The Board of Regents voted unanimously Wednesday afternoon to implement a four-level mask plan at South Dakota’s six public universities that will require face coverings for students, staff, faculty and visitors in public spaces on campus.
Universities will open Aug. 19 on the third level of the plan, which requires masks in all public indoor spaces on campus.
The third level also requires masks in classrooms, places where social distancing is difficult, lab settings with close contact, and art studios, among other locations.
Each university will post on its webpage the areas that require masks and include information about a process to request an accommodation to the rule according to ADA or other applicable law.
The mask policy does not apply to private residence halls, dormitory rooms or faculty offices, the Regents said.
The fourth level mandates masks in all public indoor and outdoor areas on campus.
Brock Brown, the student Regent and a junior at South Dakota State University, said he had concerns that a student alone on the campus green would have to wear a face mask if the fourth level was implemented.
Brown said the fourth level would be helpful, though, for passing periods when the sidewalks are crowded between classes. He also said students should consider wearing a face mask at that time.
Before the vote, the Regents heard from the six university presidents.
Black Hills State University President Laurie Nichols said she wanted the school to start at the second level at a minimum, but the third level would be less complicated to start the school year.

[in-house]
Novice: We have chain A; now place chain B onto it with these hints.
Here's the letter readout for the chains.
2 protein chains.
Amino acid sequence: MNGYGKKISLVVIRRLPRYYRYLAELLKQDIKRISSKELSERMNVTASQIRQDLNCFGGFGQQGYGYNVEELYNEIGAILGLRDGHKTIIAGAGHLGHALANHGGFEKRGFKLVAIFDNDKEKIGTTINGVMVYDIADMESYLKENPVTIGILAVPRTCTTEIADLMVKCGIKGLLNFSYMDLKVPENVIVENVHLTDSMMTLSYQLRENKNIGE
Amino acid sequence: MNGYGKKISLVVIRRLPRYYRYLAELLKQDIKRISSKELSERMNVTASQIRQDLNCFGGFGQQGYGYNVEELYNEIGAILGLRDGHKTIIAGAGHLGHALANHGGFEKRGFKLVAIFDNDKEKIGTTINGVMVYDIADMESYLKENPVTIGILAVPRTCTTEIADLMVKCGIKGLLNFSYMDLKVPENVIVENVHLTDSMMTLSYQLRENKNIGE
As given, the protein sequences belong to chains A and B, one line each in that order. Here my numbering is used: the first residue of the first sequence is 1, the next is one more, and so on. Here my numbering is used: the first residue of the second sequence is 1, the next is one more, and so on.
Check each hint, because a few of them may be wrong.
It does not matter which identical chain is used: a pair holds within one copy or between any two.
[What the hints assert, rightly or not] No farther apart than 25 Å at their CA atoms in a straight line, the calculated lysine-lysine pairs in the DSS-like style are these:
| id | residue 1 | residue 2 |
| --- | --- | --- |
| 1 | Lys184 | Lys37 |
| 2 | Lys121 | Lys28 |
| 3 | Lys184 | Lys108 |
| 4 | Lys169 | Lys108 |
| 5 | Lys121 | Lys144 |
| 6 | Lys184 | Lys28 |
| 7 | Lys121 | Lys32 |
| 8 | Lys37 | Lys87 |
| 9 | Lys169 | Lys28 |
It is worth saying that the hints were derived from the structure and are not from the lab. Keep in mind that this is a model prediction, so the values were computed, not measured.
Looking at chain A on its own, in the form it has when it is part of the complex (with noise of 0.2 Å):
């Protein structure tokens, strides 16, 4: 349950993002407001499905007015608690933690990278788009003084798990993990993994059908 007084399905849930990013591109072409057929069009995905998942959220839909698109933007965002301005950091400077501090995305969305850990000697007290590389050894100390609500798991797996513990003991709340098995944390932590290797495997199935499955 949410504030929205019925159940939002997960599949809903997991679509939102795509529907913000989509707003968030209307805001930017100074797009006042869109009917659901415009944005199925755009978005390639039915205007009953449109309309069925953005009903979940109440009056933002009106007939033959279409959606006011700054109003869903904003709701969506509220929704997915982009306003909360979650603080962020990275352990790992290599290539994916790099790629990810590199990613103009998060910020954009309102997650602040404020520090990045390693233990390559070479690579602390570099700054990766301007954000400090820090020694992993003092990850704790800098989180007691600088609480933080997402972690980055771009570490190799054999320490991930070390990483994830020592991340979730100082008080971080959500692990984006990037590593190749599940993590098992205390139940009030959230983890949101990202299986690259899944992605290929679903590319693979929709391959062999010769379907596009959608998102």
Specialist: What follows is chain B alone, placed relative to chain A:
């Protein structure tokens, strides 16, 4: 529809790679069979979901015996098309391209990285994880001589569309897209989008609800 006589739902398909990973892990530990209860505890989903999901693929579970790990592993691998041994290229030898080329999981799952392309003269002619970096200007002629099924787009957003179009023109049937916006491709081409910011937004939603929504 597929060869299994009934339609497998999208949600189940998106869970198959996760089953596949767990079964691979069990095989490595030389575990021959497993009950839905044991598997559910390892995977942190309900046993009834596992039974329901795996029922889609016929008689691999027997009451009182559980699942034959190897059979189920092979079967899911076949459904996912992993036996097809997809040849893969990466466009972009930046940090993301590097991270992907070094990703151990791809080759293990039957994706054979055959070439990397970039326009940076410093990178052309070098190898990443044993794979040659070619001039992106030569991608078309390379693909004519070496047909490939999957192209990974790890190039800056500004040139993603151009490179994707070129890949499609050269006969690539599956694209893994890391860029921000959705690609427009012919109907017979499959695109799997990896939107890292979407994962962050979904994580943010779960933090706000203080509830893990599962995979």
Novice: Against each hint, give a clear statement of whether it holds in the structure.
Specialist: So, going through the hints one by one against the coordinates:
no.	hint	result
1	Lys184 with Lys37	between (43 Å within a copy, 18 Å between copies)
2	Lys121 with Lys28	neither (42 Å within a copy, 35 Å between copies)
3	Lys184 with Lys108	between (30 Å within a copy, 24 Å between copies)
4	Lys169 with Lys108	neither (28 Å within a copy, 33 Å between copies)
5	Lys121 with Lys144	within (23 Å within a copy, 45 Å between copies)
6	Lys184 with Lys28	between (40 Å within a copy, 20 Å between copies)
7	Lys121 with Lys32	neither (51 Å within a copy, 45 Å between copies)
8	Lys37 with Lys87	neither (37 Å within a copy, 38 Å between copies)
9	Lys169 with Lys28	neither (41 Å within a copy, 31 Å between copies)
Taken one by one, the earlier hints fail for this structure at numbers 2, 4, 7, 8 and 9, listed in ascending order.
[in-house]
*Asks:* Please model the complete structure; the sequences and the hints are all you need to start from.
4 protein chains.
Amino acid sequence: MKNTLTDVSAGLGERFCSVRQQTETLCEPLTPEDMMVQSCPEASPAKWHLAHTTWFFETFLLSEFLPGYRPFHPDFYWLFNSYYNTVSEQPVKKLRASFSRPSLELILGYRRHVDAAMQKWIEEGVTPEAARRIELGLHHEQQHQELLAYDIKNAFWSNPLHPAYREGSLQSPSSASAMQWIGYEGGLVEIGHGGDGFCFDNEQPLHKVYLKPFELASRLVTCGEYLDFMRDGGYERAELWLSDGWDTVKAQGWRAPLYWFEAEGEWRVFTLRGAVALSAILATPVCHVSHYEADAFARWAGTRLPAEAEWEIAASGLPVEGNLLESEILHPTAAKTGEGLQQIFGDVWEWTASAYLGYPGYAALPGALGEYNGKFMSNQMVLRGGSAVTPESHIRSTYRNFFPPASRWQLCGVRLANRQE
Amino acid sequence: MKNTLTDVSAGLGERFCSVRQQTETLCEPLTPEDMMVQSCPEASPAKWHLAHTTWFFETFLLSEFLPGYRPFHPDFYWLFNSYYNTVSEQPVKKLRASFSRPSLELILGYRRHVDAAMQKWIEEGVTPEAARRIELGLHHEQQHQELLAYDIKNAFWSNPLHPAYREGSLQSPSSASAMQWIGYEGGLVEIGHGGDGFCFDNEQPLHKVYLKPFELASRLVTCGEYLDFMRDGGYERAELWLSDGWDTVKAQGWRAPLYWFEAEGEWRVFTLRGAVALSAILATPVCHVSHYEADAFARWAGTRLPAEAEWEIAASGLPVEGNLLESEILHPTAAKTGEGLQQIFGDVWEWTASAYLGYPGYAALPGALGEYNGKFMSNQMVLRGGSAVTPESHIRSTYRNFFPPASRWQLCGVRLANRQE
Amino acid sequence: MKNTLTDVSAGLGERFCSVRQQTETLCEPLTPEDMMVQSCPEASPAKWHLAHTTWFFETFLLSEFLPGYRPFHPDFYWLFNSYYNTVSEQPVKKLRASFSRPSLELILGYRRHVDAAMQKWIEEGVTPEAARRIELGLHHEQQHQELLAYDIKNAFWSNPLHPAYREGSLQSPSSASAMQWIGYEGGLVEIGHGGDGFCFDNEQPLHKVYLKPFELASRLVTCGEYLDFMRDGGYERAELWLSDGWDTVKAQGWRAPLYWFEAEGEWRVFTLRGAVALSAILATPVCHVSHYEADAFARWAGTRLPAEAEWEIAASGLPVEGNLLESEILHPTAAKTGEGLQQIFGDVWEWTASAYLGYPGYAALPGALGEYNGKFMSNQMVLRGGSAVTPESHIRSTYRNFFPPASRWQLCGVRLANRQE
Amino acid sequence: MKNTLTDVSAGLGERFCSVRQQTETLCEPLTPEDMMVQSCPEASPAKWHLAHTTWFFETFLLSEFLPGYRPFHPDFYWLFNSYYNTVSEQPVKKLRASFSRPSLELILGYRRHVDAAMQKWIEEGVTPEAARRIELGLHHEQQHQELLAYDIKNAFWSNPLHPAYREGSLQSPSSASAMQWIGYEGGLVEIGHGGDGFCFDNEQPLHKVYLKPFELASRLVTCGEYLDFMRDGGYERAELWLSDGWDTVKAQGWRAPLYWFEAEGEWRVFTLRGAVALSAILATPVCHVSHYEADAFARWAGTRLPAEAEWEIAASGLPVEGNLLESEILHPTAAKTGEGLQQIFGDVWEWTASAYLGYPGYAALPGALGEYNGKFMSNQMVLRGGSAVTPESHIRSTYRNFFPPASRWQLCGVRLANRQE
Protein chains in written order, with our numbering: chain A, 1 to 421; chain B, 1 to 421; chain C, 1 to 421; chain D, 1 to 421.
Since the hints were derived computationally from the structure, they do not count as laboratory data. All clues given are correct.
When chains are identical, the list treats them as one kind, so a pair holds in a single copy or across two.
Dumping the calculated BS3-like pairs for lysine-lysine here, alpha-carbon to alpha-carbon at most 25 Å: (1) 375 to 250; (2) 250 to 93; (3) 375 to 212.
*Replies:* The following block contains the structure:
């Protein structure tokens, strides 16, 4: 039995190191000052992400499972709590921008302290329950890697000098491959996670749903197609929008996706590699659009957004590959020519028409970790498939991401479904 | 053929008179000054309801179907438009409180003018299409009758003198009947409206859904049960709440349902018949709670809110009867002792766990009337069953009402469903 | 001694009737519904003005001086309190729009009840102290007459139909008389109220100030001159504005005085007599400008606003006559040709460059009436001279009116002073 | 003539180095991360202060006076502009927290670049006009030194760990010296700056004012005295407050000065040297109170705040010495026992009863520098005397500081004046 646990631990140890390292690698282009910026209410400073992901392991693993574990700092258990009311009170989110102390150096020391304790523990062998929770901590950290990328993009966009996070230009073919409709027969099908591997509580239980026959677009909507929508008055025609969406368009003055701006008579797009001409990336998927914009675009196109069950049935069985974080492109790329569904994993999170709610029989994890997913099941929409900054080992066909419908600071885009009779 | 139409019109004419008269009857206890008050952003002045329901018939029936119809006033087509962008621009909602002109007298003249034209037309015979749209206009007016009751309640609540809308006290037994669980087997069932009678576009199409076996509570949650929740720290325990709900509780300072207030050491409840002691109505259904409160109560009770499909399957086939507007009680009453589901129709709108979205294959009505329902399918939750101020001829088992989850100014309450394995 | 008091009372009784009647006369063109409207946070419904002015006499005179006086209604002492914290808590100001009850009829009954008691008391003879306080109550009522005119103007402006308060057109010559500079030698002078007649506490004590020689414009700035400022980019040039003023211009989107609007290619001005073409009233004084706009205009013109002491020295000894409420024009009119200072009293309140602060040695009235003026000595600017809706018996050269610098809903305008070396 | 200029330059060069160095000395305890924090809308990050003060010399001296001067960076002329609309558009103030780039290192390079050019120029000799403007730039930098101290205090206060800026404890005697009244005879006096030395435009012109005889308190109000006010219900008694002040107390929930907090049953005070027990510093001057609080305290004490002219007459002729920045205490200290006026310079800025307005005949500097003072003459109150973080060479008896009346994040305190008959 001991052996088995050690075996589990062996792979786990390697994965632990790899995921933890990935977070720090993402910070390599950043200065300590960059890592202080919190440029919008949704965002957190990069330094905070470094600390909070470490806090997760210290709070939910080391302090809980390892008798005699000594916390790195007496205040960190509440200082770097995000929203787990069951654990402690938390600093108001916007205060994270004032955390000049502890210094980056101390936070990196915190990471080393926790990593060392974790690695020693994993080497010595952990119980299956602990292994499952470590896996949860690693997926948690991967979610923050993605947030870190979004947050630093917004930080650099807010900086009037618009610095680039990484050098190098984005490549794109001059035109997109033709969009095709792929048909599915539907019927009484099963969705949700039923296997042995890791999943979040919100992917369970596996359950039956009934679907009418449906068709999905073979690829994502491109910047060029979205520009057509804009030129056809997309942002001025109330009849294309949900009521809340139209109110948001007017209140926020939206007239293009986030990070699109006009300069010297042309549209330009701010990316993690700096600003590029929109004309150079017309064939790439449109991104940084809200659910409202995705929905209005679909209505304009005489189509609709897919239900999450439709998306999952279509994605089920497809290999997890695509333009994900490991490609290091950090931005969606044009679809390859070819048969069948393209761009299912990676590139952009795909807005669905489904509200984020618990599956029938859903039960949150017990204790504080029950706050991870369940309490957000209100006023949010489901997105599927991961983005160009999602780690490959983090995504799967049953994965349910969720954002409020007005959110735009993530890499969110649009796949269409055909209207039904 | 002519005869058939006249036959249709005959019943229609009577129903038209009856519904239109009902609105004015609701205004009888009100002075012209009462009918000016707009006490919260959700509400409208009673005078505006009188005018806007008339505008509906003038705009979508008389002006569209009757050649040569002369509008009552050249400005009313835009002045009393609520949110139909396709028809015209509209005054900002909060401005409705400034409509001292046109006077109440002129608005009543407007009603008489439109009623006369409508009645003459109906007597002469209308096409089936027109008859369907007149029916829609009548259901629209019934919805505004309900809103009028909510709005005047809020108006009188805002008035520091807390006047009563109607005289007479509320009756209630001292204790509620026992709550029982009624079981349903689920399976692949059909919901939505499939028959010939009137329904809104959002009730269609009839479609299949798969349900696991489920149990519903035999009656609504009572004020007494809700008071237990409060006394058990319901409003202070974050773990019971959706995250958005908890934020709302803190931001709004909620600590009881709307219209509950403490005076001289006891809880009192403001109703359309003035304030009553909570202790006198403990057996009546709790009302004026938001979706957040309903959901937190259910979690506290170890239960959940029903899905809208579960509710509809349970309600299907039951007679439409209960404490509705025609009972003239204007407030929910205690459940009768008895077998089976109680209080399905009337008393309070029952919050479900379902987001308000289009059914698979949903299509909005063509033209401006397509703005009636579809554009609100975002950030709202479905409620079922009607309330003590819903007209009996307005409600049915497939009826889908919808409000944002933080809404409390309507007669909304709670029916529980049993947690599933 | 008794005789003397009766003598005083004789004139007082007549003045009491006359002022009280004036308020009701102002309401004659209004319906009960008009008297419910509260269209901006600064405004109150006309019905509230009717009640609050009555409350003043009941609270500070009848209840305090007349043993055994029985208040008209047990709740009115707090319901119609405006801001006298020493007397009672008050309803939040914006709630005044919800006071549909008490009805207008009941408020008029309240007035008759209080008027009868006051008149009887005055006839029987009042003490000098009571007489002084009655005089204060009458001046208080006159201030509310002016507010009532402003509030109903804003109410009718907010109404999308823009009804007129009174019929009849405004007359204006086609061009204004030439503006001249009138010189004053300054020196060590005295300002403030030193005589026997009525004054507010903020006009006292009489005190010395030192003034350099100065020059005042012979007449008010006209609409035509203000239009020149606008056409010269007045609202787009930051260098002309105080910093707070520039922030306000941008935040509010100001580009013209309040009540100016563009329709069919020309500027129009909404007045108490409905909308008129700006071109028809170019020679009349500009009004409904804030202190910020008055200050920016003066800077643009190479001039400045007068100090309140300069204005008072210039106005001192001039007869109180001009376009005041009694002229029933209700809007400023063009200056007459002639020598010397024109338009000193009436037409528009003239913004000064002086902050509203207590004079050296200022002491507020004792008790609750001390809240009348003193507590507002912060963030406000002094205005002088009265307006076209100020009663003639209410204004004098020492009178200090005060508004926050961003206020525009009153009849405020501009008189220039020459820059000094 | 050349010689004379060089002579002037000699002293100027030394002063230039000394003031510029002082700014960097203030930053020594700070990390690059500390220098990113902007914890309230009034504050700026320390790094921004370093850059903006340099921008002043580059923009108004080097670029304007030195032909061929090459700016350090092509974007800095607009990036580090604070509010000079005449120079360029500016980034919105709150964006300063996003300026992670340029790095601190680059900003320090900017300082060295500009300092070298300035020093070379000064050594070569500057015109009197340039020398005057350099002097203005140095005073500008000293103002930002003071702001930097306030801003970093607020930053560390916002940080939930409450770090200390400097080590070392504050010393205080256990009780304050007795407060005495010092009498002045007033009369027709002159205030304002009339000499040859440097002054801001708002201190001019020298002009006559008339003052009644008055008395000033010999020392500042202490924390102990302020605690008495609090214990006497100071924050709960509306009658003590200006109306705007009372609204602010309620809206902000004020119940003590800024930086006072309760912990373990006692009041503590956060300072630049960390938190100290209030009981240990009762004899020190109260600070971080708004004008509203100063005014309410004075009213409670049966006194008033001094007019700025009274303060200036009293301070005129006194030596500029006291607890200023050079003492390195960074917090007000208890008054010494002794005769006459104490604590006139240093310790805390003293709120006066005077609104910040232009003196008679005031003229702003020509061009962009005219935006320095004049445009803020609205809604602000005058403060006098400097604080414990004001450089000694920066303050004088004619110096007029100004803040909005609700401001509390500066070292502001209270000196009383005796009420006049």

South Dakota School of Mines & Technology President Jim Rankin argued for the third level policy and said maybe after two weeks universities could revert to the second level. Regents said universities that wish to change levels would need approval from the Regents and CEO Brian Maher.
Rankin also said there’s not enough resources for someone to step in for a faculty member who gets sick with COVID-19.
South Dakota State University President Barry Dunn said a poll of staff and faculty showed a “huge consensus” that the third level was the best option.
University of South Dakota President Sheila Gestring said she liked the flexibility of the four-tier approach and favored the third level because it would be easier than starting at the second level.
Northern State University President Tim Downs said he preferred the fourth level because it would help campus control the spread “as much as humanly possible.”
Provost James Moran spoke on behalf of Dakota State University President Jose-Marie Griffiths. He said the school favors the third level. Moran said the university has often asked students not to gather during the pandemic, but that they still have in large groups for social activities.
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